A quick recap of where Kansas stands right now: Expenses exceed revenues by $800 million. Much of that is being closed by transfers from highway funds and other sources. But those stopgap measures, unsustainable as they are, still leave a $406 million gap yet to close.
This past week, the Kansas Legislature has struggled and whined and thrown plans against the wall. The Senate tax committee has been spinning in place for weeks. A few days ago, the House tax committee finally managed to pass a plan out to the House floor, a plan that raised sales tax and reduced exemptions, but did not repeal any of the infamous tax cuts that got us here in the first place.
In Topeka today, that plan failed. (Read about it at the Topeka CJ) It couldn't even pass a voice vote on the House floor.
Simply put, because it proposed raising taxes on all Kansans so that the few "job creators" could retain their tax cut gift from Governor Brownback.
In our budget forum last week, Annie McKay of the Kansas Center for Economic Growth noted that the nine "no income tax" states have higher per capita property and/or sales tax than Kansas does. (Watch it here) This is not about lowering taxes, and never has been. It is about lowering income tax because that preferentially favors the people at the top end of the income scale.
To be clear: Kansas cannot function without tax. But it can do so without income tax, if sales taxes are high enough.
And yet, it would appear that a collection of strange bedfellows have gathered to stop that. Progressives oppose the sales tax increase as regressive, even if food is kept separate. Moderates oppose the unbalanced fiscal platform that punishes one Kansan to the benefit of another. But these two groups have not, of late, constituted enough votes to block the extreme agenda pushed by Brownback and his allies.
However, their opposition has been joined by the farthest of the far-right, the legislators so far to the extreme that they cannot support any tax increase, much less one that is not offset by steep spending cuts.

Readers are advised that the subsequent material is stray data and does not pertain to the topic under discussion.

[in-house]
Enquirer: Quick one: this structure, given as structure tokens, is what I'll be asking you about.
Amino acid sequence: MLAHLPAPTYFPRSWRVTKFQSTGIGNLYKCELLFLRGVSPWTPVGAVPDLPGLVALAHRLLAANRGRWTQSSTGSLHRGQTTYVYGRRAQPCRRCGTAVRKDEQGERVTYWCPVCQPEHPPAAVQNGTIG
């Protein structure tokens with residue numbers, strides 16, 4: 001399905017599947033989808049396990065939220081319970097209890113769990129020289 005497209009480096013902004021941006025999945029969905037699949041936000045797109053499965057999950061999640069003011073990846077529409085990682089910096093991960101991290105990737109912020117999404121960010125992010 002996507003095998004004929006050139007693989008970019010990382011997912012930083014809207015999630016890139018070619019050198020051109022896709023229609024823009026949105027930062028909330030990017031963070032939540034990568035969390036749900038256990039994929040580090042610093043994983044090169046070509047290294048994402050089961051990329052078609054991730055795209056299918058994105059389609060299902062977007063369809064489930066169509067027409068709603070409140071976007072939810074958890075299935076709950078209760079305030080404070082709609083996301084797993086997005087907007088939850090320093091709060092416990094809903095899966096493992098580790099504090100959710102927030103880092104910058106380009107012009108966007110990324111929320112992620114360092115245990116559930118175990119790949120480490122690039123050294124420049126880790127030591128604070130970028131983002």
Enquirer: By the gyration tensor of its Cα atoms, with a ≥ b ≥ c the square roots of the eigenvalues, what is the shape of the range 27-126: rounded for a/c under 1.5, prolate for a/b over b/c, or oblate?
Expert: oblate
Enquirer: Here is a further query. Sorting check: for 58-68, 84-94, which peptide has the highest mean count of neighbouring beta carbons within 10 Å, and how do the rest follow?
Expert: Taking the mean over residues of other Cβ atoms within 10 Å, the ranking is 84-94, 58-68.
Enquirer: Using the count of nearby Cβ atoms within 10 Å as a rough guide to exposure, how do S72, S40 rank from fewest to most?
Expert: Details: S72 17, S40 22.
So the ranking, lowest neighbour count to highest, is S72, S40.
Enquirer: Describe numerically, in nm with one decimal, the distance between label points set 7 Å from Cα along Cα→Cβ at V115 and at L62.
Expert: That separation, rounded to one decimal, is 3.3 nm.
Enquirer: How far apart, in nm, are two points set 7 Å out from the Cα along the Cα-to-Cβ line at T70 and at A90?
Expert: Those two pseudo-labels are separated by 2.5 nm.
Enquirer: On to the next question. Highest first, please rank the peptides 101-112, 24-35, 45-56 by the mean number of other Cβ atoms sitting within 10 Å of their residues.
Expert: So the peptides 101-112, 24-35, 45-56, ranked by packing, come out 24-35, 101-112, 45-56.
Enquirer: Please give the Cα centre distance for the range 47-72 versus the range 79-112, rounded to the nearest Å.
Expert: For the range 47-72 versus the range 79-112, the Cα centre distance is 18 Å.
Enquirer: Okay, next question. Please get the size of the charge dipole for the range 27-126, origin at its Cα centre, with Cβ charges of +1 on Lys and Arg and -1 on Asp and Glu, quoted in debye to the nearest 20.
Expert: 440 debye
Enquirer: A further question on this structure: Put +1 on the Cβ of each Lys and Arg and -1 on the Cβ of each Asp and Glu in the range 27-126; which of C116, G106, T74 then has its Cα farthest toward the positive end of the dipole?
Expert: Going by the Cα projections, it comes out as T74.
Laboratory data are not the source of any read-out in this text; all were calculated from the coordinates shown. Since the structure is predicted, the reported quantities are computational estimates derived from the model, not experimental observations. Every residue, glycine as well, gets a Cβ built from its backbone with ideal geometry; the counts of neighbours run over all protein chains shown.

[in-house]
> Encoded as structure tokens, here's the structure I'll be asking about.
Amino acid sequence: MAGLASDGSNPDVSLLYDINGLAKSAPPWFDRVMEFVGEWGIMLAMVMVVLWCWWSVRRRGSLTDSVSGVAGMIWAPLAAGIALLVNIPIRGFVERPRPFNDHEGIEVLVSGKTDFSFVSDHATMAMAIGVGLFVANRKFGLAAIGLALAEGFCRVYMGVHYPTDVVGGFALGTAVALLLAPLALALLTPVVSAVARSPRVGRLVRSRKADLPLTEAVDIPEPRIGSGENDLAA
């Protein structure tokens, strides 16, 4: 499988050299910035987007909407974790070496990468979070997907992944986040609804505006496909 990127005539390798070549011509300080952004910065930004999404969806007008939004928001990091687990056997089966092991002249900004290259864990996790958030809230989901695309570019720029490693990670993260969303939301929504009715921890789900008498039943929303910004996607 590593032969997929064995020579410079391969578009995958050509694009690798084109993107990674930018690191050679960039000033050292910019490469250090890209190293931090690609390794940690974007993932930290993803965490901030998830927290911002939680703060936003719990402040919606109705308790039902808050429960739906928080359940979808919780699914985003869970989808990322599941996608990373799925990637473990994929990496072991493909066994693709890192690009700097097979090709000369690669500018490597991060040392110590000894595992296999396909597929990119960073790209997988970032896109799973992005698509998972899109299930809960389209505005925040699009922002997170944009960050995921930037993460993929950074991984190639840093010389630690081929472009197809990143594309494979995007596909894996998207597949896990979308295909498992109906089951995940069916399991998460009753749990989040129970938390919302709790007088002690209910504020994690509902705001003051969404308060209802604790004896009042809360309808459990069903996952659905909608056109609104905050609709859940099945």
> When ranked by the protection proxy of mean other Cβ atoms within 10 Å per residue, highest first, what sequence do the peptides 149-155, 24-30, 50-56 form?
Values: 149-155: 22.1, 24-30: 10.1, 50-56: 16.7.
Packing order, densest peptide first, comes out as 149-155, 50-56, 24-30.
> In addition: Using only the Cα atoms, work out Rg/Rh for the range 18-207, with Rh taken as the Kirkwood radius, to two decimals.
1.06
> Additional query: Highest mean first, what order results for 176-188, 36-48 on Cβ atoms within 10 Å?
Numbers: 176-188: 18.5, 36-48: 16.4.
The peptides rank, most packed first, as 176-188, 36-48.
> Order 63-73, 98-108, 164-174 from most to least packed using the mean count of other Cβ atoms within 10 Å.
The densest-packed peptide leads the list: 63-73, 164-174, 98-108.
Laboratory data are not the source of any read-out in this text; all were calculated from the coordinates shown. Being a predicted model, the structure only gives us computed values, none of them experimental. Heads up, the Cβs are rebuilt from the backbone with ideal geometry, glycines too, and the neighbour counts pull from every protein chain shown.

These extremists are mired in an ideological whirlpool from which they cannot escape. They've signed no-tax pledges and zero-government promises that cannot be kept. They have proposed solutions that are one-time answers that cannot be brought to bear again. They are making risky debt choices and job growth gambles that have not paid off. They are stuck between reality and their own myopia.
This is uncharted territory. But it is not unpredictable.
What are the likely results of no viable tax plan? Spending cuts. Or rather, further spending cuts. Either the Legislature—or the Governor if they fail to do their duty—will have to cut spending further. Kansans will have to make do with less. Block grant education funding promises will be broken (already $30 million is being removed), resulting in less opportunity for Kansas children. Hospitals will close for lack of funding, trained staff, or support, leaving rural and poor Kansans less healthy. Courts will furlough staff, leaving Kansans less safe and without recourse. Roads will go unfixed, bridges will tremble.
This should be unacceptable.
The extremists in the Kansas Legislature must wake up and do right by ALL Kansans, not just the ones lining their election pockets. Don't tax regular Kansans more. Restore the revenue that was lost in the tax cuts of 2012.